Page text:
America’s not the Whole World: The Self-absorbed White House Press Corps at the G20 Antalya
This post is part of a series from the ongoing G20 summit being covered on the ground by the Global Leadership Initiative's team. Please check in regularly to keep up to date with the latest news and analysis from the summit.
Media Centre – G20 Summit. As the G20 in Antalya comes to a close it is traditional for world leaders to hold press conferences so as to explain the rationale for their collective action (or not) during the Summit and to speak to the final G20 communiqué. In outlining what he thought were the main takeaways from the Summit, President Obama listed the key agreements by world leaders and stressed the importance of their cooperation and implementation.
As to be expected after the deadly terrorist attacks in Paris prior to the Summit, Obama gave a lengthy condemnation of those attacks and affirmed the commitment of G20 leaders to continue their efforts to bring an end to ISIS. In addition, Obama highlighted the global danger of terrorism, mentioning that Paris follows terrorist activity in Beirut, Ankara, Iraq and within Syria. In addition, Obama stressed the need for collective action to respond to the related refugee crisis and set out a number options discussed during the G20. Lastly, Obama covered the list of main agenda items originally meant for extended discussion at the G20, but which were sidelined by the immediacy of the Paris attacks. As expected, based on various ministerial statements hammered out and published in advance of the G20 Leaders Summit, there where a number of agreed Action Plans moving forward, with loose commitments made to macroeconomic policy reform, economic growth strategies, energy collaboration, anti-corruption, unemployment, food security, development, trade strengthening, IMF reform and the internet economy. Areas where the G20 either backtracked or ignored were briefly mentioned (climate change, gender inequality and development finance), but without the presentation of a clear rationale for why these issues were so obviously sidelined during the G20.
As usual the President’s speech was followed by a question and answer session where the press can ask Obama to explain how decisions were made and what this means for global policy moving forward. To be expected, the first question was related to the recent terrorist attacks in Paris and about what the G20, and the USA, were going to do to effectively respond to this and other acts of terror. This, as suggested, was to be expected, and it was a positive gesture of Obama to make sure to take this first question from a French media representative and to give a long and meaningful response.
Nevertheless, what was less expected, or perhaps should have been expected given the insulated nature of the American psychology, was the fact that the only mention of any geographical location outside of the USA by the White House Press Corps was the mention of Paris once, yet only as a convenient segue to discuss terrorist threats to the USA and explore why America was not taking immediate action to ‘keep Americans safe.’ What is astounding about the questions asked by the White House Press Corps was that they all basically asked the same question about America, the potential threats to it from terrorism and about whether Obama was ‘weak on terrorists.’ Obama, much to his credit gave thorough responses each time to the questions, even while pointing out that he had already responded to the same question numerous times. In the end, the US media failed to ask a single question about the G20 Summit, about the list of issues covered by world leaders, about how the leaders will respond to other clear collective action problems that also harm or kill millions of people, or how commitments to growth and other economic measures that are meant to bring more global equality will be implemented.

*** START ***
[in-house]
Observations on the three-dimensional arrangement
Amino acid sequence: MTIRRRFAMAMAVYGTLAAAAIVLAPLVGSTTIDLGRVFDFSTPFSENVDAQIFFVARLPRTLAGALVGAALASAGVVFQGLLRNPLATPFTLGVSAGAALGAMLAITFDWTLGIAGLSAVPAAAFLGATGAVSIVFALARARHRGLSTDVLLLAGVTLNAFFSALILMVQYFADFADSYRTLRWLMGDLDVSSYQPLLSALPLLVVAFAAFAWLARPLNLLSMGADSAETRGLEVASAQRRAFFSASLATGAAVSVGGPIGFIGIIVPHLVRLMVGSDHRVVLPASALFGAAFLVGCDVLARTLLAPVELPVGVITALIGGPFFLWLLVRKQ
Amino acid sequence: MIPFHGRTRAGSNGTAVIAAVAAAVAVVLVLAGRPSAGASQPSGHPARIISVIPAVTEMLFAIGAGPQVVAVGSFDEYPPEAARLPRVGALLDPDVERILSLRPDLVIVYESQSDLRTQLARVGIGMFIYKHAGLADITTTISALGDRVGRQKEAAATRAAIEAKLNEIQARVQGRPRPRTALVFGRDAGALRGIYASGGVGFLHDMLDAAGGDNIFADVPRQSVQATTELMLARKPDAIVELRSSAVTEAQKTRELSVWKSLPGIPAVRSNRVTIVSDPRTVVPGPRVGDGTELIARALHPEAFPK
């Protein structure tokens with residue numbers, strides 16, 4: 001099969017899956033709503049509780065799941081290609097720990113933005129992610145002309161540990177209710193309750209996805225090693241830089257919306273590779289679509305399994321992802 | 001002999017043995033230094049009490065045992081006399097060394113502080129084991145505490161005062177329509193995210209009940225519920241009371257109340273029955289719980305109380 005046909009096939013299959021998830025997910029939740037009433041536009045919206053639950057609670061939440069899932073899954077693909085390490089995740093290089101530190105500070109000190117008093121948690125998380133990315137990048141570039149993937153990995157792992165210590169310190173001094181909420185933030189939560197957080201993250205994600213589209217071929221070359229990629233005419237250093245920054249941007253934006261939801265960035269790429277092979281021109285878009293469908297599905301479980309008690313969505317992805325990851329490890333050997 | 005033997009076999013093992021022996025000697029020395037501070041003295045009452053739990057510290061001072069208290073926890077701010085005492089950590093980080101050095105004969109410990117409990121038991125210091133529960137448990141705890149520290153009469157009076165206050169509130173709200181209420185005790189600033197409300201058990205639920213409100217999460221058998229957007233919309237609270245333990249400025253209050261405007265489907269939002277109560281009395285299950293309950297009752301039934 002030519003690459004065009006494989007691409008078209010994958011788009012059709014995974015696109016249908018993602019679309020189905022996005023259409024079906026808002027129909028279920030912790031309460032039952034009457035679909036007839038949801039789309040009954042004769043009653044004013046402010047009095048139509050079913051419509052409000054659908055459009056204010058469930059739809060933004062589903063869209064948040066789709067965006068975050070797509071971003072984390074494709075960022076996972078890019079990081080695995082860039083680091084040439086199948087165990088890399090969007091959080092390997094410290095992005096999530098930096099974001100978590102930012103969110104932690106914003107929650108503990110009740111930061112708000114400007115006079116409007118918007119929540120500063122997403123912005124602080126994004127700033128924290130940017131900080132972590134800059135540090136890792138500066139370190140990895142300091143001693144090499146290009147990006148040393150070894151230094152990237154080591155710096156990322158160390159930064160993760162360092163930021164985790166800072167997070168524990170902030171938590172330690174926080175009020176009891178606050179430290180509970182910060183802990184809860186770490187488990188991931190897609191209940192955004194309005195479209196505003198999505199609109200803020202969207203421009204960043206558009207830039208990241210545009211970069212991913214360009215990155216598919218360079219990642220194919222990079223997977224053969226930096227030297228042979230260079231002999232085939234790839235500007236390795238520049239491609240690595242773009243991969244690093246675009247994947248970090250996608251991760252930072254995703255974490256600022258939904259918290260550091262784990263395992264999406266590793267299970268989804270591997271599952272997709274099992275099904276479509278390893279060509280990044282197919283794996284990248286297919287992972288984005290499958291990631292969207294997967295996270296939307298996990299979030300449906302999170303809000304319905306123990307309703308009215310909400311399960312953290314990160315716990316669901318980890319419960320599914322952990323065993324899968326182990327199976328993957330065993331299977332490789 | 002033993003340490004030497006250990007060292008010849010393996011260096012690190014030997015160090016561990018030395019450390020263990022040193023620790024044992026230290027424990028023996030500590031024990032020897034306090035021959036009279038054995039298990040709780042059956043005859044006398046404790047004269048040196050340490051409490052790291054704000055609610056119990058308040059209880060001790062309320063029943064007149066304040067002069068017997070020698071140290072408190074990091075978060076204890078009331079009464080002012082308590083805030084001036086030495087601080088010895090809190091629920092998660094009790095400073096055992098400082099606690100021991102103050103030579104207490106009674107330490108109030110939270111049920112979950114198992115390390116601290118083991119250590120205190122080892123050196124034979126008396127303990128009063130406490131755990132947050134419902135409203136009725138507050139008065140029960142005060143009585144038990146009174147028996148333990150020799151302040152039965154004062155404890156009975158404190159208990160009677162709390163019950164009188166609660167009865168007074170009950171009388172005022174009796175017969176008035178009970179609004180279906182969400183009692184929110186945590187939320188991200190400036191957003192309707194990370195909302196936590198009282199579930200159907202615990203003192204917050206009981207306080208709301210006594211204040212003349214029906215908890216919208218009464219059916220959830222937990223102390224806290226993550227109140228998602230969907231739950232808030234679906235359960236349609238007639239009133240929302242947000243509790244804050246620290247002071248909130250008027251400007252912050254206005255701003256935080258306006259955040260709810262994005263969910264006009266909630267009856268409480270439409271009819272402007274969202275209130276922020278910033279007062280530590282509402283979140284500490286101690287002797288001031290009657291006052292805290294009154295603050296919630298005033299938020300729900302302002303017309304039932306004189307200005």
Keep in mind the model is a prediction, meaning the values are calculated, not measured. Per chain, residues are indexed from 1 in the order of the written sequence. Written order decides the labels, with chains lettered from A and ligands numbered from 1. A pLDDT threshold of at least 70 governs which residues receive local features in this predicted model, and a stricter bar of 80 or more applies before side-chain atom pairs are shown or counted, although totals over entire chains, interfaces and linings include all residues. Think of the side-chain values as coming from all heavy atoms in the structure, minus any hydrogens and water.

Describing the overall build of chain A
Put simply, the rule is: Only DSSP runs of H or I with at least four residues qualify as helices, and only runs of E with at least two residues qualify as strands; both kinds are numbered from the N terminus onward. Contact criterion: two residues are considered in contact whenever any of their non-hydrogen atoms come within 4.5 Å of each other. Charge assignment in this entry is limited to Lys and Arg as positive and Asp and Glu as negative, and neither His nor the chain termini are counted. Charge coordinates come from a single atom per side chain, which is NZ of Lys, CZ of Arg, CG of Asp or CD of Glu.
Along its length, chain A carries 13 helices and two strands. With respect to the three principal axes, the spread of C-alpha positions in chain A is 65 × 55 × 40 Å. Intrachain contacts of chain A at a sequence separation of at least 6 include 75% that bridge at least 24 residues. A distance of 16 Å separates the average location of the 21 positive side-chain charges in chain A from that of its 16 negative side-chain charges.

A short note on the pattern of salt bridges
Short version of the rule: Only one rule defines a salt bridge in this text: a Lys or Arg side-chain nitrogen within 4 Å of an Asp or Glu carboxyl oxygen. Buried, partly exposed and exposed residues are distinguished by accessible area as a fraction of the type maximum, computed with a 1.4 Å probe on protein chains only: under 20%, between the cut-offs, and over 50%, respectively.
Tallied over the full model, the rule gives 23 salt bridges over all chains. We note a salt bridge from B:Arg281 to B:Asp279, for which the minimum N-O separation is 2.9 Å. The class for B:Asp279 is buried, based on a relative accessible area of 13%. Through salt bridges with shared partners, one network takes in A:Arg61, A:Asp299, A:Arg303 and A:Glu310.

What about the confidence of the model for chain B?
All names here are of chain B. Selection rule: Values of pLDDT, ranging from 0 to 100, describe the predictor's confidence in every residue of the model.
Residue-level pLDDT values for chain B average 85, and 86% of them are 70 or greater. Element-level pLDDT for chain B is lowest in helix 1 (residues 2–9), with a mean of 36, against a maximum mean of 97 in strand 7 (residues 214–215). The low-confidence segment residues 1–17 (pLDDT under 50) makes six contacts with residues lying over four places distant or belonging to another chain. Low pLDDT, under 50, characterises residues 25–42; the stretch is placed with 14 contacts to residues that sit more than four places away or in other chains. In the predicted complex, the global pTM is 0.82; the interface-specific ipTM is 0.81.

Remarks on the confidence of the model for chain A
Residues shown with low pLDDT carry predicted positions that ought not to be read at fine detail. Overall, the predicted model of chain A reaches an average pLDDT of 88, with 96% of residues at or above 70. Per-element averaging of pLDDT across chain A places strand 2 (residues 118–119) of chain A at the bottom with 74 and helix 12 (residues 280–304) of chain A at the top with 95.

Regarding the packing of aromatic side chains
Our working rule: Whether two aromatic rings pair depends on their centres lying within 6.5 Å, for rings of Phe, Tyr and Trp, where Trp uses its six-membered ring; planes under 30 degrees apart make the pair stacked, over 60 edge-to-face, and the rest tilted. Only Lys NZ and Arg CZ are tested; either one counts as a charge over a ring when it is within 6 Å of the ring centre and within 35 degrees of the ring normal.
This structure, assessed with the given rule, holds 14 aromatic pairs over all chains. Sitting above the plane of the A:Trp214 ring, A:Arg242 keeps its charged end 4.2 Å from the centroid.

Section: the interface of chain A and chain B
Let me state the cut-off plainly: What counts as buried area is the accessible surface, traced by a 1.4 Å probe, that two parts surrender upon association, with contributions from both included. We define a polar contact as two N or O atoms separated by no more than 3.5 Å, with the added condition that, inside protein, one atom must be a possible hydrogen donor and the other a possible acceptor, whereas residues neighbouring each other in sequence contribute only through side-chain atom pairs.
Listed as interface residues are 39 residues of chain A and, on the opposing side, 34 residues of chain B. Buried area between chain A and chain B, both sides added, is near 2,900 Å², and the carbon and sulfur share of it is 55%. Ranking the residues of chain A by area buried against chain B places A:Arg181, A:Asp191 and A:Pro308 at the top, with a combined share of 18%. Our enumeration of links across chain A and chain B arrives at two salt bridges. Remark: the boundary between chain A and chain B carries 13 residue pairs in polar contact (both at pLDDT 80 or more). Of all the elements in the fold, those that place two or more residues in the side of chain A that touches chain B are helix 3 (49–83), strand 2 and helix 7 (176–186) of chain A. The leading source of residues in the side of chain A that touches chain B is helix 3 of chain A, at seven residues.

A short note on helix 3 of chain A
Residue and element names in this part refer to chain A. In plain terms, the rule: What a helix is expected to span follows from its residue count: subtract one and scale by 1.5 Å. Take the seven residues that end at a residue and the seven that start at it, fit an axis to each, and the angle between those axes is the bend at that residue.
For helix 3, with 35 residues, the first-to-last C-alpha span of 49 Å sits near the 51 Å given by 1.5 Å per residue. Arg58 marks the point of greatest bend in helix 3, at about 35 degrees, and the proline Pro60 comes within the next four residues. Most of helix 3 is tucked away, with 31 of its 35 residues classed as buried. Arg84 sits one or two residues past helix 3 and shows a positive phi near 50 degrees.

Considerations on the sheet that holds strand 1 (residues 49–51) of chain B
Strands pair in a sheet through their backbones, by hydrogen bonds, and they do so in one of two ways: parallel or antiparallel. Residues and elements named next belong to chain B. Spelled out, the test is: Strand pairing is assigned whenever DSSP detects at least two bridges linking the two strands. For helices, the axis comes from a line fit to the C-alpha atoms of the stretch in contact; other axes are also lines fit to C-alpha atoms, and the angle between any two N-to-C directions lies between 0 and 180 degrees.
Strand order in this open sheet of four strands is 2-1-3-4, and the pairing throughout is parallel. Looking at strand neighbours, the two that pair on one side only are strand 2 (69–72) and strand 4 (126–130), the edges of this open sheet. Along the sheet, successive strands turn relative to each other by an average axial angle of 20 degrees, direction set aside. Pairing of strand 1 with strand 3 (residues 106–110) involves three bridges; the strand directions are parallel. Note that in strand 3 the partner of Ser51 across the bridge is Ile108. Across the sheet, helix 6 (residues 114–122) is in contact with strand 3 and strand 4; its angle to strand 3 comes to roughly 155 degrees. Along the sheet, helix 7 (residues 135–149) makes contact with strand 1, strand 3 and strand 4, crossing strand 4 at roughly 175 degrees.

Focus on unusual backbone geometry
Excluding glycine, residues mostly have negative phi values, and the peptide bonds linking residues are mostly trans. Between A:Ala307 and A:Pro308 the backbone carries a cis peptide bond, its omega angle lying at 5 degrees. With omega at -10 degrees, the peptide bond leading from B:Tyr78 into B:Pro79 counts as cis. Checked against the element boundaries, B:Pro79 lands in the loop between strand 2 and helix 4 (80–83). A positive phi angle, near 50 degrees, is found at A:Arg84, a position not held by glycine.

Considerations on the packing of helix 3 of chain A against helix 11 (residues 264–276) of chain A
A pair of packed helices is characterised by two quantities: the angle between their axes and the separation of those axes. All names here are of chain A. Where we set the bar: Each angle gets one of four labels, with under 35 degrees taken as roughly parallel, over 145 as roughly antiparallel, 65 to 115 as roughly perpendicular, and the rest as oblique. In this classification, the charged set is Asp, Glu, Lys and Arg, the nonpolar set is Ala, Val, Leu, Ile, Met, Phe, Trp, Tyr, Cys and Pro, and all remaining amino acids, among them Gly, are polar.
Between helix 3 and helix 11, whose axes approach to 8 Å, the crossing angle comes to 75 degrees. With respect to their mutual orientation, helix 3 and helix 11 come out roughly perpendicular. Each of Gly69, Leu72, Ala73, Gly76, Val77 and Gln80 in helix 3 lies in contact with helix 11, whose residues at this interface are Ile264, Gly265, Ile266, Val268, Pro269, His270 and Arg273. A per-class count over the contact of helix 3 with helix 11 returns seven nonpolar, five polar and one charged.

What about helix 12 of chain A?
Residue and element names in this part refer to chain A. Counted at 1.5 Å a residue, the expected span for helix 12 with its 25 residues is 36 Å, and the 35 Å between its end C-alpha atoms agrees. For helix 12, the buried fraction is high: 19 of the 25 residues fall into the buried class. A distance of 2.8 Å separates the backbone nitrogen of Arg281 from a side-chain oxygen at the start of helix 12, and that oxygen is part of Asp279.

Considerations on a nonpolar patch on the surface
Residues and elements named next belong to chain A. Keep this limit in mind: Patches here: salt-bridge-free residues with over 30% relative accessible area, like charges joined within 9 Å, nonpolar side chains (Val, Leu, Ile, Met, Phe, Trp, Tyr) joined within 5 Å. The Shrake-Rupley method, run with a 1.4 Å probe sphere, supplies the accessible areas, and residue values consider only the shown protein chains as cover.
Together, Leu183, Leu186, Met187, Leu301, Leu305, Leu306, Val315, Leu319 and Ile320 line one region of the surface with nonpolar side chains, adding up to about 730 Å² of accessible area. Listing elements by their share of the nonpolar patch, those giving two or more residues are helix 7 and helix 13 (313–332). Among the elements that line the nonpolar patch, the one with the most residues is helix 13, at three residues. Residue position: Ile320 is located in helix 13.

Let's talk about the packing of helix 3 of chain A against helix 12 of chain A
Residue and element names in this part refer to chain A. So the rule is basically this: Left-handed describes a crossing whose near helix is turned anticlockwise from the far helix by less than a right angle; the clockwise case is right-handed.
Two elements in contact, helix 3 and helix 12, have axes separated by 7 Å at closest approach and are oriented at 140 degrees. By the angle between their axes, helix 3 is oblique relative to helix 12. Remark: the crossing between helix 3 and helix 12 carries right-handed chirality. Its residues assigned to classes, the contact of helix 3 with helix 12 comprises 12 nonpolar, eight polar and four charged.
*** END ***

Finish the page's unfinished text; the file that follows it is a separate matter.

This fact raises an interesting question about the mindset of the American media as well as the self-absorbed nature of the American public. This is because there is something suspicious about having five questions on terrorism that doesn’t mention a single geographical location or area of mutual concern outside the USA. Is this a result of being surrounded by two large oceans that buffer the American psyche from knowledge of the external world or sympathy to it? Or is it that Americans have become so self-referential and absorbed that America becomes the whole world, where if something doesn’t speak directly to US interests then it doesn’t really matter?
The G20 Team: Garrett Wallace Brown, Laura Copete, Amna Kaleem, Joanna Moody, Polly Sculpher, Gregory Stiles, Olivia Wills and Megan Wilson. Global Leadership Initiative, University of Sheffield. For the team's earlier posts please see here.